A comparison of the effects of oral and written teacher feedback with written teacher feedback only on specific writing behaviors of fourth grade children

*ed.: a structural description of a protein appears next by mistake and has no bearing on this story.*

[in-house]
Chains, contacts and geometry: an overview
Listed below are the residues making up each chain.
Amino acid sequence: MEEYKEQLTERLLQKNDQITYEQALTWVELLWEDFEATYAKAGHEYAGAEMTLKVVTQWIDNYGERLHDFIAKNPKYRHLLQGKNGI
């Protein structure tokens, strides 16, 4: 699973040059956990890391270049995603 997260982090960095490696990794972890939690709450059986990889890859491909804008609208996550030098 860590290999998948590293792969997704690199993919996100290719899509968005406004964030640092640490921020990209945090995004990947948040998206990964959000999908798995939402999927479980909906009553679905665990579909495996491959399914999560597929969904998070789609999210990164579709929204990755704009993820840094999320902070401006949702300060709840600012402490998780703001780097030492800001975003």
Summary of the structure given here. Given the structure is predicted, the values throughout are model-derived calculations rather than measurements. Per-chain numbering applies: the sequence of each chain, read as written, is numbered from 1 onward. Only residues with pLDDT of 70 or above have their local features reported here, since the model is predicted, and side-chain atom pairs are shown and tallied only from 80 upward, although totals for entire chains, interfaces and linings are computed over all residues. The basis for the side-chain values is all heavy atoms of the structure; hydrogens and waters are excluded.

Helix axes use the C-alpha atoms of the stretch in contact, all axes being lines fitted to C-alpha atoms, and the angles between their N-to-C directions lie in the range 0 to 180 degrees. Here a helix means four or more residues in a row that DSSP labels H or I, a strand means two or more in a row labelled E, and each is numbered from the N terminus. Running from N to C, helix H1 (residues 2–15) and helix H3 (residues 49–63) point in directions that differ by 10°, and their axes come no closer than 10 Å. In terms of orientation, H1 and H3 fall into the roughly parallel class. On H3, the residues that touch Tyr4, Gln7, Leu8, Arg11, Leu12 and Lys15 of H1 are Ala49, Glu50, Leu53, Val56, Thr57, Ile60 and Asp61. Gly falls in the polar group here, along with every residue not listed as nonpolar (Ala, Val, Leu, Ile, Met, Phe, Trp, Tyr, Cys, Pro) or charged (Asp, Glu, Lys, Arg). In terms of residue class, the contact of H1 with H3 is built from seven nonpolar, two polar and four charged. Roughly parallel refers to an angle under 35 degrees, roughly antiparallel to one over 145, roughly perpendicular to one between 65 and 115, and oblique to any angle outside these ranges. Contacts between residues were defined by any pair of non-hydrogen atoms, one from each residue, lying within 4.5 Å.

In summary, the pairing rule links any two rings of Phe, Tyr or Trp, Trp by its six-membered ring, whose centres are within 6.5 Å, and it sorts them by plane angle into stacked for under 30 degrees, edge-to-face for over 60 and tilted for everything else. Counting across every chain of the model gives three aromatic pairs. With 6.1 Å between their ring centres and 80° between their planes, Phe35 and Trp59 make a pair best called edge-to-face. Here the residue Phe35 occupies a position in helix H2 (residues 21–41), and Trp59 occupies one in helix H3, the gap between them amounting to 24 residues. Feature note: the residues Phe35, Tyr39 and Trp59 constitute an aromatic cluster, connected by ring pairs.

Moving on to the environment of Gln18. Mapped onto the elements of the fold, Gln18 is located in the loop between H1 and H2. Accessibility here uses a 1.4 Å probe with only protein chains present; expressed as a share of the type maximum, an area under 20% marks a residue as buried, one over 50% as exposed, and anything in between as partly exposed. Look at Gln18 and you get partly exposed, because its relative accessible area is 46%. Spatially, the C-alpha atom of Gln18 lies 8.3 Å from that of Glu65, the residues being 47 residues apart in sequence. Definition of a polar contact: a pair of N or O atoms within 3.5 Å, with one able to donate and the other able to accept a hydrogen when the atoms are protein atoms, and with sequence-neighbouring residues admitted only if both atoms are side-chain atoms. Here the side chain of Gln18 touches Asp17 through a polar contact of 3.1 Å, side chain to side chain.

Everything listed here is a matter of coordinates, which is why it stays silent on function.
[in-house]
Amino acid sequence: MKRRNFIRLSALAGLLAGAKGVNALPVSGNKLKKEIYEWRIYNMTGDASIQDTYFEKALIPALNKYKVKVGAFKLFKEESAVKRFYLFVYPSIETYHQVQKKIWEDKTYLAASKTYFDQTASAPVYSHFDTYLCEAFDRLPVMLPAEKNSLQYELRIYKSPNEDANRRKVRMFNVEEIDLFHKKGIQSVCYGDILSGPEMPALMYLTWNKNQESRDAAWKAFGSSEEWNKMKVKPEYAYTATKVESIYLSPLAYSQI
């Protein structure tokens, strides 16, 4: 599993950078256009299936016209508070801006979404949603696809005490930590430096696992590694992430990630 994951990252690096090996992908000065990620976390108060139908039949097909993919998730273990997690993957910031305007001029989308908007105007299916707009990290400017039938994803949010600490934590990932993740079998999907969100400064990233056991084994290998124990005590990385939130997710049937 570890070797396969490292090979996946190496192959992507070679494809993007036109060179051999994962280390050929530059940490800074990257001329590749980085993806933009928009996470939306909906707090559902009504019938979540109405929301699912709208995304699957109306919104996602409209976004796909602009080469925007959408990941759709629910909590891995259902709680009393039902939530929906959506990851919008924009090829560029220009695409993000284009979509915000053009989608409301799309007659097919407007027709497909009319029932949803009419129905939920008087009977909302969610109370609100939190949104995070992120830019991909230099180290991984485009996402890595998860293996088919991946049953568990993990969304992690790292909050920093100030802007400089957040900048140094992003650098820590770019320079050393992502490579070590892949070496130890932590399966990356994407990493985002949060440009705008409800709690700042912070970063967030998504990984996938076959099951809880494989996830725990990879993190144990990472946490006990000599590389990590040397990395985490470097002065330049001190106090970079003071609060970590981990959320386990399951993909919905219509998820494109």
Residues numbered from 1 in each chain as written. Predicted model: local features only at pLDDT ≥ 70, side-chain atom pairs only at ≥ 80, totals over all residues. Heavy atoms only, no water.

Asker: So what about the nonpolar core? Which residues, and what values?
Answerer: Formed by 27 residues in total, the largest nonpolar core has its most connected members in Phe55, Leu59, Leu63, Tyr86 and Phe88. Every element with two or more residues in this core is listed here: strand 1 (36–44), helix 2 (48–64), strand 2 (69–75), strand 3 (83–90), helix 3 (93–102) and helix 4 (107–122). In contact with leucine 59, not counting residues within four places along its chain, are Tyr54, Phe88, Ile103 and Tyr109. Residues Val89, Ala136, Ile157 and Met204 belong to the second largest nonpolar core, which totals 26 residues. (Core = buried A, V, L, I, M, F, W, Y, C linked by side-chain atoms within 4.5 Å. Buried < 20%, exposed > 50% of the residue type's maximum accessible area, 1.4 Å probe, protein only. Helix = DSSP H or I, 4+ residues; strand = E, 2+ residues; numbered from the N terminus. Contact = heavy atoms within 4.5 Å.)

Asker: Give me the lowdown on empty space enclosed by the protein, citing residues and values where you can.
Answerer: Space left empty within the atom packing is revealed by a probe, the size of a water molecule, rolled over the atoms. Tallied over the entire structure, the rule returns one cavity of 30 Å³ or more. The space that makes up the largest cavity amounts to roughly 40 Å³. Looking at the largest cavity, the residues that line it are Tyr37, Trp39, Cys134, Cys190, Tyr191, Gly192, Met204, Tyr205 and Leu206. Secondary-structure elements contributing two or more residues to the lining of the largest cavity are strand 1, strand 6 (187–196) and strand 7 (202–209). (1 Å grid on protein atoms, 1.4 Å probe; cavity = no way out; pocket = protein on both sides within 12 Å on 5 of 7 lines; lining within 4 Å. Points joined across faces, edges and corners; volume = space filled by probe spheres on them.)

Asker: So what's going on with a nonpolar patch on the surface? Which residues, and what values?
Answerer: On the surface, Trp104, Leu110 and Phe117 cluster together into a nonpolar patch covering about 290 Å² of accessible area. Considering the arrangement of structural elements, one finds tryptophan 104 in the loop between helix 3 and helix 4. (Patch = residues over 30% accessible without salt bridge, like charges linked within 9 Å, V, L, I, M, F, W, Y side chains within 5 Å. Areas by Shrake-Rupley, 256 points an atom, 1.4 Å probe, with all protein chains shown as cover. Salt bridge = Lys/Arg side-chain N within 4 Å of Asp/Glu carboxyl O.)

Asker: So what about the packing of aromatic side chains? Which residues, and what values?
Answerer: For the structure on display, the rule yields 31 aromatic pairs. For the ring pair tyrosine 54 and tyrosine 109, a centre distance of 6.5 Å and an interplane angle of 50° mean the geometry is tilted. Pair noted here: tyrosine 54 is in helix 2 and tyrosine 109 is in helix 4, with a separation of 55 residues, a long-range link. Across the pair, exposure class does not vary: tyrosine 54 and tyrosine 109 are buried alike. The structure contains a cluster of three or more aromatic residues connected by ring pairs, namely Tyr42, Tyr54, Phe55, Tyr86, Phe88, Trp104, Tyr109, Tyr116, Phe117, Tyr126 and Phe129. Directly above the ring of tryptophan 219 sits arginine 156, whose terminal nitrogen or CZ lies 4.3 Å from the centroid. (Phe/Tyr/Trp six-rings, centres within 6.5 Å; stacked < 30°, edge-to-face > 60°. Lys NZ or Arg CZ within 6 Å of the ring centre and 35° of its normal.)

The purpose of the study was to compare effects of two types of teacher feedback on two specific writing behaviors of fourth grade children.Experimental design of the study compared two groups using pretest/posttest measures: (1) Experimental Group I contained two intact classrooms with a total of forty-four fourth grade children. Treatment for this group involved having children write stories on a twice-weekly basis and receive a written and oral comment from the writing teacher about production of the stories. (2) Experimental Group II contained two intact classrooms totaling fifty-one fourth grade children. Treatment for this group involved having children write stories on a twice-weekly basis and receive only written comments from the teacher about production of the stories. No control group was used in this study.Objective data obtained for analysis were derived from the measurement instrument, a rating scale, specifically developed for this study. The instrument measured four writing behaviors--originality, vocabulary, content and mechanics. Only content and mechanics were used in treatment. Each of these behaviors were rated on a seven-point scale, with seven the highest and one the lowest. The highest rating indicated maximal use and the lowest minimal use of a specific writing behavior.The instrument appeared to have a high face validity. Examination of the items on the rating scale showed that they dealt with observable writing behaviors. To establish reliability of the instrument all compositions written were evaluated by a set of raters who were subjected to a series of training sessions in use of the instrument. Further, checks on reliability were made during seven of the fourteen writing sessions in the study. The reliability obtained by using the Cronback-Alpha Internal Consistency Index was obtained for each of the writing behaviors. Reliability coefficients were (1) Originality .99, (2) Vocabulary .84, (3) Content .84, and (4) Mechanics .62.A writing teacher was hired and trained by the experimenter to use a standard format for stimulating writing behavior. Once compositions were rated by the raters two controlled written comments were placed on compositions by the experimenter. Control over comments were achieved through development of a series of prepared feedback guides. A guide was prepared for the two writing behaviors subjected to experimental manipulation: content and mechanics. Comments were corrective in nature and contained information about content and mechanics of the composition. Comments also gave the reader suggestions for composition improvement.When compositions were returned in each experimental group treatment was administered by the writing teacher. In Experimental Group I each of the children was given an oral comment, in the form of a brief conference with the writing teacher, which accompanied the written comment. In Experimental Group II all of the children were told to look at written comments, no further reference was made about the compositions. A general statement of priase about the classes compositions as a whole was given to both groups.The following hypotheses were tested:Hypothesis I. There is no significant difference between the adjusted posttest meansof Experimental Group I and Experimental Group II for the writing behavior content.Hypothesis II. There is no significant difference between the adjusted posttest meansof Experimental Group I and Experimental Group II for the writing behavior mechanics.To test the hypothesis an analysis of covariance was used. The pretest served as the covariate and the posttest as the criterion. For each hypothesis the obtained F-ratio did not exceed the tabled F-value for significance at the .05 level of rejections. The null hypotheses were not rejected.